Blum elaborates on page 79 about one of PAIX's brand new routers. A box being the size of a shower stall, and the router inside of it being just as enormous, it could move quite the volume of data. He explains the transfer of data similar to a traffic roundabout. 160 highways meet at this singular point where they enter this 'roundabout' and the data find their way to their exiting point. He mentions the machine was one of hundreds that are all connected to one another.; the needs of just one network rather than being at the center of many. One statement by Blum made me think: "To find the scale of information as we experience it each day--to find, say, a single email--would be more akin to counting the molecules of water." My chemistry doesn't have to be very good for me to properly understand that there are trillions of water molecules in a mere glass of water. At first Blum's metaphor struck me. How could there be that much? But I then pondered the thought that, there are billions of people around the world, and of the ones with access to the Internet, they could be transmitting a vast array of data. One person alone could send multiple emails, send a few messages of Facebook, search something on Google. Things I myself do quite often on a daily basis. I considered that I usually do much more than send an email or two and message someone. I'm someone that admittedly has a slight addiction to technology and the Internet. If I'm bored, I'll browse Facebook for an hour or scroll through 9GAG until I encounter content I've already seen. I'll regularly check my school email and personal email to check for teachers' info on upcoming assignments or to check if something I ordered on eBay has been shipped. Keeping Blum's clever metaphor in mind, it's as if my use of the Internet contributes to some thousands of molecules in this glass of water containing all of the data being transferred on the Internet. As Blum was describing Fiber Vault 1 at Equinix's headquarters on page 103, he mentions,"There were all the other buildings like it on the campus, each with its own multiple fiber vaults. This was the place, but so was that. And that. And that. The Internet was here, there, and everywhere." These separate buildings in different locations with pretty much the same outlook, were all contributors to the Internet. Whether it's Ashburn or San Francisco, all of these buildings were connected and shared the same image of data processing and transferring. On page 118, Blum talks about "peering", or the agreement to interconnect two networks. Peering implies equality of size and status between the two networks. It allows information to flow freely throughout the Internet and for websites like YouTube to be free, otherwise our online videos would clog up the Internet's pipes. The Internet would be more brittle and expensive, therefore the network engineers known as "the peering community" are very important.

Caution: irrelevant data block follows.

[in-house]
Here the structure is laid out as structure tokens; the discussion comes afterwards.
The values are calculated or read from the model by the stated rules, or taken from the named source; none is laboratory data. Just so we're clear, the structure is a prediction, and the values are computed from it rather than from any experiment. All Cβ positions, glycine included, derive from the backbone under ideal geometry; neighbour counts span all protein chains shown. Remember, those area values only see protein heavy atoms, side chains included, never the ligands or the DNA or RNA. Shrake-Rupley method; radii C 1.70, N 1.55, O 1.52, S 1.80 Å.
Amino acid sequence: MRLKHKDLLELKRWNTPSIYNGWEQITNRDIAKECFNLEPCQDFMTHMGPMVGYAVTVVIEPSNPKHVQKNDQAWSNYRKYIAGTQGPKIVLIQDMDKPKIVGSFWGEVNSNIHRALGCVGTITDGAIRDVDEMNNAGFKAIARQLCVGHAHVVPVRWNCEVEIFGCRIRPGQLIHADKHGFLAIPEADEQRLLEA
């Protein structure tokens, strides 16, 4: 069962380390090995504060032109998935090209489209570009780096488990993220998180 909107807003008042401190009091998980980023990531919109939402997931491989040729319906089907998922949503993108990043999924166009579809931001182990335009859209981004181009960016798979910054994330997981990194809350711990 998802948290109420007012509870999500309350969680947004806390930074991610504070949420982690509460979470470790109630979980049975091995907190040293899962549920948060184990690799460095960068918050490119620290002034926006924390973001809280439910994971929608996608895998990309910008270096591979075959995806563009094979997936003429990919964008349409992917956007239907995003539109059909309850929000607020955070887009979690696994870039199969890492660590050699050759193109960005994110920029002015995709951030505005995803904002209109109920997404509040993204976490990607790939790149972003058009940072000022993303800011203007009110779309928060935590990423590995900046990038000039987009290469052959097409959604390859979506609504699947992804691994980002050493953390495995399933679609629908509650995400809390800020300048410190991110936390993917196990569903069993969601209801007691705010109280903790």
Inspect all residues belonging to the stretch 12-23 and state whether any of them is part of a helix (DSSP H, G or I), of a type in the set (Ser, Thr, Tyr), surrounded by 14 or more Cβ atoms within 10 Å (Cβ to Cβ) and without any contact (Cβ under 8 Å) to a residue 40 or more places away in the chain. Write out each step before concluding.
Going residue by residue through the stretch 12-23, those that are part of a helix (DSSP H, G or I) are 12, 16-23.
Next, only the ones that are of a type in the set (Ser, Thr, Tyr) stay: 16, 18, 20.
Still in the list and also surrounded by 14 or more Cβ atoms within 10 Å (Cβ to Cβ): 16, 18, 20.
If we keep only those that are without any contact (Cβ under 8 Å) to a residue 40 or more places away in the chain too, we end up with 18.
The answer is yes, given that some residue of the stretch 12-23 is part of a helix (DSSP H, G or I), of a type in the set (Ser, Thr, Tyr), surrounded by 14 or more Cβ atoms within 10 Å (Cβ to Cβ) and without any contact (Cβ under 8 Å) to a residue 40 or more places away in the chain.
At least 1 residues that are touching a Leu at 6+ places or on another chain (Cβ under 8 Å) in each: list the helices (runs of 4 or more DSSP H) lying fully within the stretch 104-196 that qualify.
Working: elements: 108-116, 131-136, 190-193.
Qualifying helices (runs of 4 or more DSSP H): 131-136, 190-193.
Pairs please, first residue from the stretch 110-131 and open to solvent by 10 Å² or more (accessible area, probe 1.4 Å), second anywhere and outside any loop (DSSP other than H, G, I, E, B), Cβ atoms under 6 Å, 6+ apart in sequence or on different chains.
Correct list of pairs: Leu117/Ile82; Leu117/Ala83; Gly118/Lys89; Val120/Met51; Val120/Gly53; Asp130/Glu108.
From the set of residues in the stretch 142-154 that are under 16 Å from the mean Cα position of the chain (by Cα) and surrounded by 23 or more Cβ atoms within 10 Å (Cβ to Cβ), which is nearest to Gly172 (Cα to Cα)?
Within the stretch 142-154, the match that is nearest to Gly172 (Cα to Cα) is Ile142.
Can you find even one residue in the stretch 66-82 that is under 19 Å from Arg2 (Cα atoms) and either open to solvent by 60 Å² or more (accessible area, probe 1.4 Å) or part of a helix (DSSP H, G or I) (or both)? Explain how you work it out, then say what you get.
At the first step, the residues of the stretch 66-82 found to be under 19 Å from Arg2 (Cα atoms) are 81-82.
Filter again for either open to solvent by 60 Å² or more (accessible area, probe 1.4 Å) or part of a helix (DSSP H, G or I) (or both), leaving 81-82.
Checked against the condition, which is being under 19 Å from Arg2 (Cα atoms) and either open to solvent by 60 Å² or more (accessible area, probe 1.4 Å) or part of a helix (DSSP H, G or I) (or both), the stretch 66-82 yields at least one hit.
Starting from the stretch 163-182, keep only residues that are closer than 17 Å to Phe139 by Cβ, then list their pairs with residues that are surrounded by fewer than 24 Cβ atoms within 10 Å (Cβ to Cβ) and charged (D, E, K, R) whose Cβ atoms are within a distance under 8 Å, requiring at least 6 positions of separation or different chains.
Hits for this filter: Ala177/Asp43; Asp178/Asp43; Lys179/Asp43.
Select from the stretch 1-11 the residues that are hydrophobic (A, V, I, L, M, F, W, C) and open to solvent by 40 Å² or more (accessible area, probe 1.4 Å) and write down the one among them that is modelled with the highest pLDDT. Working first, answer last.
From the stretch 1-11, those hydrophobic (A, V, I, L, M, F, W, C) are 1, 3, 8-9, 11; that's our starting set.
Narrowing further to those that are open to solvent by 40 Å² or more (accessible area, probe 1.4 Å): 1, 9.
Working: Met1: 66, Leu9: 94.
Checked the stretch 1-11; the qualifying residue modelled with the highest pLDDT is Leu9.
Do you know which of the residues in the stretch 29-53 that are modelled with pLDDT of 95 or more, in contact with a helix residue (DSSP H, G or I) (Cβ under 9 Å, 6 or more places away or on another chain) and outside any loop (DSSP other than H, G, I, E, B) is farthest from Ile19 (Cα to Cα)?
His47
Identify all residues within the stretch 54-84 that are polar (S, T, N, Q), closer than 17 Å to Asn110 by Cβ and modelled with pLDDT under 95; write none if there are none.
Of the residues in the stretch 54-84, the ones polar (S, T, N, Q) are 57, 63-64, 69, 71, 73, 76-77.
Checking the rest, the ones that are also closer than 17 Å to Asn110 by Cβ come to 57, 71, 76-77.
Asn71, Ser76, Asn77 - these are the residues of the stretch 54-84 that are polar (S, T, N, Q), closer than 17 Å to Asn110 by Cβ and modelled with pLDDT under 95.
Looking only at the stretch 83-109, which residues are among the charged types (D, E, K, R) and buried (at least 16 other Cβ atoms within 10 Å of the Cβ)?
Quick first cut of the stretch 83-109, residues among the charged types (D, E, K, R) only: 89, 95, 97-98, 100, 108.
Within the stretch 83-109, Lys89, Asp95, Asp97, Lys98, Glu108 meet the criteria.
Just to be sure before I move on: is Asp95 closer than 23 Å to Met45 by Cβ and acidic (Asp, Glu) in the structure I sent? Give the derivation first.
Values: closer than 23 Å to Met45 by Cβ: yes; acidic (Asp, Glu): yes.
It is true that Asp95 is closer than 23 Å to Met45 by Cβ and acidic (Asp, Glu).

1. What are your thoughts on the characteristics and security of the Equinix building as Blum explains it?
2. Do you think Blum chose the most efficient and understandable analogy when he was referring to Equinix's router as functioning similar to a massive roundabout?
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